We’re going to imagine it a step toward recovery. It is helping me to understand the amazing resilience of growing things, and justifies my tendency to be slow in making decisions about giving up on plants without giving them the potential of another season to get over whatever might be dragging them down.

Maybe soon I will be able to remove the bird house from the stump and hang it from a branch in a new maturing oak tree in our front yard. Not that I think that pine stump will be making a comeback anytime in the future.

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Written by johnwhays

August 10, 2017 at 6:00 am

Bitter Discovery

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There is a tree beside the shop garage with a canopy that overhangs a significant portion of the roof. There is no mistaking that it is a nut-tree, because this time of year it starts dropping its fruit with a bang. If they hit just right, it can make a sound like a shot from a rifle. Even if they don’t hit just right, the clank is unpleasantly startling if you are close, and surprisingly loud if you are further away.

That initial report is followed by an amusing rattle as the seed pod rolls down the slant of the metal roof. You can hear them gaining speed as they approach the edge, where they then drop down to another metal roof that covers the entry door, before rolling off that surface to the ground.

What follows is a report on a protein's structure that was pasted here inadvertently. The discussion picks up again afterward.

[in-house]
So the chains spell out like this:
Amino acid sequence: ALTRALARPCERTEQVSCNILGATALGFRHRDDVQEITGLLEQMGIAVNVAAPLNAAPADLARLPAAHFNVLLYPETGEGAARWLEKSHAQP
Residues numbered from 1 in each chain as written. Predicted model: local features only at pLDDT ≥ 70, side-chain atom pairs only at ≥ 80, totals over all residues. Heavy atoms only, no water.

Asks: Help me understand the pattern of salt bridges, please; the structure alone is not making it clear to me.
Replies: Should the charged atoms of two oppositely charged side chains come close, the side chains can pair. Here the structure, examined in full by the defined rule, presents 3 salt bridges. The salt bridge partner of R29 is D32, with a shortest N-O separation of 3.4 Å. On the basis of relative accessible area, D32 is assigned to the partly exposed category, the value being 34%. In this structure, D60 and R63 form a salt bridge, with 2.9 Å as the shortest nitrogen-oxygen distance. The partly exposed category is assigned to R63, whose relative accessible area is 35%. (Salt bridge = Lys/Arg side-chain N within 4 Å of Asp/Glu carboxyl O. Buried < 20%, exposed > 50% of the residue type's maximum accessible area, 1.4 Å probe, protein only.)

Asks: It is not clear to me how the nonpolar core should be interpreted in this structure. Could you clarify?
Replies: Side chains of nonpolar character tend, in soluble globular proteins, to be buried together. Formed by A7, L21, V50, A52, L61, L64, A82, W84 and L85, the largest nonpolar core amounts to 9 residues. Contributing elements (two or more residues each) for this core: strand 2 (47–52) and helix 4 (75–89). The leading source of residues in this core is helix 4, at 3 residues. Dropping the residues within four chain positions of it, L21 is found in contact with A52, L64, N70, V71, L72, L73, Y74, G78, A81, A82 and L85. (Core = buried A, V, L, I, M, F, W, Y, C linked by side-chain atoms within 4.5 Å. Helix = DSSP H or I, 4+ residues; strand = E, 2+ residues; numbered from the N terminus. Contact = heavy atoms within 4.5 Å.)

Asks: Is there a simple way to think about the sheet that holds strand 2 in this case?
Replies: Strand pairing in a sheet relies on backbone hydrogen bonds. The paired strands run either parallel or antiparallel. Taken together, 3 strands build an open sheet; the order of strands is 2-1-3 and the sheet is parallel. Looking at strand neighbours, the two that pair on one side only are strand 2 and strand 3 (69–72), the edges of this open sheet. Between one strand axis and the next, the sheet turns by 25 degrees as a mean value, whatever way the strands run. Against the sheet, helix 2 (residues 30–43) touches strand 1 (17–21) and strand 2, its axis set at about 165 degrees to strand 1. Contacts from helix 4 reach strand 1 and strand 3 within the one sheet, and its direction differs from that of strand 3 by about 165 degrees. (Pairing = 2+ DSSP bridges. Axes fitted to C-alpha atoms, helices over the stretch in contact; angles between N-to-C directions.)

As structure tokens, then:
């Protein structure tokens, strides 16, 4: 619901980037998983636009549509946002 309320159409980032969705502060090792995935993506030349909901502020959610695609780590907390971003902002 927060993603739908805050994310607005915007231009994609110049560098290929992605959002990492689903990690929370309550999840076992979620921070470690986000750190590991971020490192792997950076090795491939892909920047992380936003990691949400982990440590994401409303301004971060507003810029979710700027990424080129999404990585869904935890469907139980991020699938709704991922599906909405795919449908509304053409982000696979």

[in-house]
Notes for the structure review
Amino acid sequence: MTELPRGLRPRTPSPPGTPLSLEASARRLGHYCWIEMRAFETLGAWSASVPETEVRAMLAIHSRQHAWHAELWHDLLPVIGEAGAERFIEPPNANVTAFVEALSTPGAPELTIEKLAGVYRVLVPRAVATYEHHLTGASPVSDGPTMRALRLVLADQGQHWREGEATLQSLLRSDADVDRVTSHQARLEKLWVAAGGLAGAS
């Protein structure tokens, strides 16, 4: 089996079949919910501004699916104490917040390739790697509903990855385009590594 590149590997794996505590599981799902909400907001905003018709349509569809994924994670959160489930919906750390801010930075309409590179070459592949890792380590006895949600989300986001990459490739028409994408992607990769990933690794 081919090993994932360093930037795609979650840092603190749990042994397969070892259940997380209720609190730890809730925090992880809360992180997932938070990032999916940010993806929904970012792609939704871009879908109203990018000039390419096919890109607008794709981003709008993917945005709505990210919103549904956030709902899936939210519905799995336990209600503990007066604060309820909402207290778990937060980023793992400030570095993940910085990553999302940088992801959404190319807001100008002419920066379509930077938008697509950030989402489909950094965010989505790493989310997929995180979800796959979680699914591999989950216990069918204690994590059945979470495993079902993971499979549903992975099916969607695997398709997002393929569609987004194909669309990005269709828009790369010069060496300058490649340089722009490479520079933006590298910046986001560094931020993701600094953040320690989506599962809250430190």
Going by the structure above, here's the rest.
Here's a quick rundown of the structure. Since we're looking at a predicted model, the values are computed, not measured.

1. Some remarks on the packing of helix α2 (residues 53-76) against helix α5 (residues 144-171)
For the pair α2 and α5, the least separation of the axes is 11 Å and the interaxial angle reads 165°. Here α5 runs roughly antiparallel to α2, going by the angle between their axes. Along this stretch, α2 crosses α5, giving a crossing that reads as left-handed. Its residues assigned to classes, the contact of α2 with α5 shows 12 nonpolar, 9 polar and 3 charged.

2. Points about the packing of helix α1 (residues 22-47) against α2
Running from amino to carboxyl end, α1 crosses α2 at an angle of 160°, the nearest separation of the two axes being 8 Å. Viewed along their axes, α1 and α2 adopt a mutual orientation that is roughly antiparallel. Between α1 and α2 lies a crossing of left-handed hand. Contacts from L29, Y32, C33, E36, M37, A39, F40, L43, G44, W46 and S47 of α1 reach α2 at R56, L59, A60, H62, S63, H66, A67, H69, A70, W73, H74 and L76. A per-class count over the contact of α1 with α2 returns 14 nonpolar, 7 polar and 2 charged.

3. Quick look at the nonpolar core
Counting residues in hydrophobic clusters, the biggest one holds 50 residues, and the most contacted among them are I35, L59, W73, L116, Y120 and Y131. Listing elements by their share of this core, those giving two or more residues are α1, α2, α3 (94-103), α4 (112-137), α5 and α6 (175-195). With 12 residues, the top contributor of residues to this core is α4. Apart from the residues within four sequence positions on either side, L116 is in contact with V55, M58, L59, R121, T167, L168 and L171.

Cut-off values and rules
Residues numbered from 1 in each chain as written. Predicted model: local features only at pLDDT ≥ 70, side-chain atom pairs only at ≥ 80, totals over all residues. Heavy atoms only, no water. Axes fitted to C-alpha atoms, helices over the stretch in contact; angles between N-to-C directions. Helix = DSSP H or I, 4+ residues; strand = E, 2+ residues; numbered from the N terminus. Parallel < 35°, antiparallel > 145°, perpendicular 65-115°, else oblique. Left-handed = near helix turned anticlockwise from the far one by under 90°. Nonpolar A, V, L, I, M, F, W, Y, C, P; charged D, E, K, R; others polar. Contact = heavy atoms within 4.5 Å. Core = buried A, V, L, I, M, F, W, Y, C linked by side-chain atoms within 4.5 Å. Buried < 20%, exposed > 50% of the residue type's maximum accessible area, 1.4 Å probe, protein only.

The driveway in front of the garage is getting littered with nuts, so I decided to collect a few of them. I was under the impression that this tree was just like the many other nut trees on our property, butternut trees. Since the nuts of the butternut tree are known for having a good flavor, every fall I feel like we should be collecting them for use somehow.

We did take a crack at it the first year we were here, but while waiting for them to dry out, they got all funky and we threw them away. I wanted to try again. I encouraged Cyndie to start collecting them and look up ways to prepare them for consumption.dscn5203e

A day later she was asking me to look into it, because these didn’t look like the pictures she was finding for butternuts.

Sure enough, I quickly discovered these were not butternuts. This tree is a bitternut hickory, providing just the opposite of good flavor. I think it is funny that it took me this many years to figure out it was a different nut.

While researching a comparison of the two types of trees I stumbled upon an alarming detail about the butternut tree. It produces a toxin that can stunt growth or even kill certain susceptible plants in the vicinity of its roots.

Included in the list of susceptible plants: white pine and red pine.

Could that be what has been taking out our pines?

Plenty of the details match what we have witnessed in the last few years.

If I find out cedar trees can tolerate the toxin, that’s what I’d like to plant in place of those lost pines.

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Written by johnwhays

September 23, 2016 at 6:00 am